Epidemiologic Linkage to Cases or SARS-affected Areas

The predominant mode of transmission of SARS-CoV appears to be through large respiratory droplets or direct contact (7,8). This mode of transmission is consistent with the observation that most patients can be linked, either directly or indirectly, to persons with SARS or places where transmission is either suspected or documented (17,37). In the Toronto and Singapore outbreaks, >94% of cases had documented contact with a SARS patient or with a hospital ward where there was a known SARS patient (8,38). Therefore, determining if persons with symptoms compatible with SARS have an epidemiologic linkage either to other persons with known or suspected SARS or to places with known or suspected transmission of SARS-CoV is important.

Whether a history of travel to areas previously affected by SARS will be a useful epidemiologic clue for recognizing future outbreaks depends in part on whether SARS-CoV currently exists within a human or an animal reservoir. If the virus exists within a human reservoir, the virus could reemerge anywhere on the globe, although the areas of highest activity during the recent outbreaks are most likely to harbor persistent infection in humans. Alternatively, if SARS-CoV currently exists primarily within the animal reservoir from which it originated, future outbreaks may more likely originate in Southeast Asia. Given that China appears to have been the origin of the most recent outbreak (4,39) and neighboring areas are at greatest risk, persons traveling in Southeast Asia, especially in China, Hong Kong, and Taiwan, may be at increased risk for infection if SARS recurs.

Case Clustering

The major limitation of relying on linkage to settings of known transmission to identify persons at risk for SARS is identifying the first cases acquired in an area not previously known to have circulation of SARS-CoV. Because SARS-CoV infections tend to appear in clusters, one potential strategy for early recognition in such areas is to seek evidence for clustering of pneumonia cases. Early recognition of clusters requires clinicians evaluating patients with pneumonia to routinely seek a history of exposure to others with pneumonia.

Healthcare Association

Healthcare facilities have played a central role in the epidemiology of SARS. Persons who work in healthcare settings were among the earliest and most severely affected group in almost every major outbreak reported, particularly during the earliest phases of the outbreak (8,11,13). For example, in the Toronto and Singapore outbreaks, 43% and 41%, respectively, of the SARS cases occurred in healthcare workers (40). Therefore, atypical pneumonia among healthcare workers should raise the suspicion for SARS, particularly if there are multiple cases among healthcare workers in the same facility. In addition, atypical pneumonia in a person who works in a laboratory that contains live SARS-CoV should raise the possibility of SARS.

Combining Clinical and Epidemiologic Features

Since patients may transmit the virus early in the clinical course (8), the goal of diagnostic strategies should be to detect patients with SARS as early in the illness as possible to prevent potential transmission. A practical approach to evaluating patients with fever or respiratory symptoms is needed, which requires an assessment of the strength of the evidence of exposure to other SARS-CoV–infected persons. This assessment is directly related to the level of documented SARS activity in the surrounding community and the world.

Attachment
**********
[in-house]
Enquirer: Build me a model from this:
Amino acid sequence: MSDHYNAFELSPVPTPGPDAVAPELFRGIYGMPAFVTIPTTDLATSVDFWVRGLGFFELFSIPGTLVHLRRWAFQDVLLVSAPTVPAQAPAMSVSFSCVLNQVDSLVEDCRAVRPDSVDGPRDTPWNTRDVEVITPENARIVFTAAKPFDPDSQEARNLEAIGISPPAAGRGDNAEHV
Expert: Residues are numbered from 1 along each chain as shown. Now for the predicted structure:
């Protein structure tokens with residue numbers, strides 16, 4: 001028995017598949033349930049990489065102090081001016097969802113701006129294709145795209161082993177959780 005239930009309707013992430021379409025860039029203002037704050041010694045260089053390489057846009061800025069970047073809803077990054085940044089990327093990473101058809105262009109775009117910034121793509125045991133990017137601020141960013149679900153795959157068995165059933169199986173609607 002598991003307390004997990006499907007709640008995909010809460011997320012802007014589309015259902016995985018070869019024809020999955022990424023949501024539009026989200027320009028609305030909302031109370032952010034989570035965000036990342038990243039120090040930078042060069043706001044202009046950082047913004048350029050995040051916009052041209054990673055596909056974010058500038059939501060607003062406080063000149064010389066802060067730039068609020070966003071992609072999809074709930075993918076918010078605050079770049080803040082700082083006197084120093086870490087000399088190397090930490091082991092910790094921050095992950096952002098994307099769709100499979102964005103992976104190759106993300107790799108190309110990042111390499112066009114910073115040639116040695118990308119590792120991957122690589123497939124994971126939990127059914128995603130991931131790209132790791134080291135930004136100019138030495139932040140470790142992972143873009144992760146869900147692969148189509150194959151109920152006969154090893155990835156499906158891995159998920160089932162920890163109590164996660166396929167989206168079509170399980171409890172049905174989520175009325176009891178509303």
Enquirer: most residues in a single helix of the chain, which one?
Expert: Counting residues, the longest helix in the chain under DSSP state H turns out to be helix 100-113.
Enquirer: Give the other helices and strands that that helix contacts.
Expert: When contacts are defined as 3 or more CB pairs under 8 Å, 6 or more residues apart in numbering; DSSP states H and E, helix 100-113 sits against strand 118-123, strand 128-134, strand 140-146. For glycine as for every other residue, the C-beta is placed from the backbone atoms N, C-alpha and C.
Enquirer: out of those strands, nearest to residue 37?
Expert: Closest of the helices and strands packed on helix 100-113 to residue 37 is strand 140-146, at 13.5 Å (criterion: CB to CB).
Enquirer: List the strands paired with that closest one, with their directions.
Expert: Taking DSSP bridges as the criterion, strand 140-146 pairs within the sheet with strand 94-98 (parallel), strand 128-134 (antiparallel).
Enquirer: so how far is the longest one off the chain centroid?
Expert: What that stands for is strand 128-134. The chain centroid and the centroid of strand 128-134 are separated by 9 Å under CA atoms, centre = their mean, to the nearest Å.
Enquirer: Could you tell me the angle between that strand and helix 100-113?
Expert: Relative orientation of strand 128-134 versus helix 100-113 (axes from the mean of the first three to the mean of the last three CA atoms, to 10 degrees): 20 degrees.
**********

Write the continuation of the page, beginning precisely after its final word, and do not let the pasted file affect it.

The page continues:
Evaluating Patients in the Absence of Documented SARS Activity Anywhere in the World

In the absence of any documented SARS transmission worldwide, the overall likelihood that a given patient has SARS-CoV infection will be exceedingly low unless there are both typical clinical findings and some accompanying epidemiologic evidence for SARS-CoV infection. Therefore, one approach would be to consider the diagnosis only among patients with both 1) unexplained severe pneumonia and 2) epidemiologic evidence that could suggest SARS, including a link to a cluster of cases of unexplained pneumonia, a history of recent travel (or close contact to an ill traveler) to a previously SARS-affected area, or employment as a healthcare worker with direct patient care responsibilities (Table 2). For persons who are healthcare workers or who have traveled to previously SARS-affected areas, evidence of clustered pneumonia cases would further increase the index of suspicion.

In the absence of pneumonia, history of travel to a previously SARS-affected area is likely to have an extremely low positive predictive value for detecting SARS among patients with respiratory illness and, if used as a screening tool, would likely result in an unacceptable burden on the public health system. (U.S. travelers alone make almost 5 million trips to Asia every year, and respiratory symptoms are common among returning travelers [41,42].)

Clinicians practicing within previously SARS-affected areas may have to adopt a different approach to detecting SARS among patients with pneumonia, such as requiring both evidence of clustering and a typical combination of laboratory and radiologic findings. Clinical algorithms that use more stringent criteria are being developed and will require further validation (31,43).

Evaluating Patients after Documentation of SARS Anywhere in the World

Once SARS activity has been documented anywhere in the world, the positive predictive value of even early clinical symptoms, while still low (21), is more acceptable if used in combination with an epidemiologic link to settings in which SARS has been documented. Therefore, in addition to evaluating all patients with unexplained pneumonia as described above, all patients with fever or respiratory symptoms should be screened for a history of exposure to persons with SARS, travel to areas where SARS transmission is suspected, or contact with ill persons with such a travel history.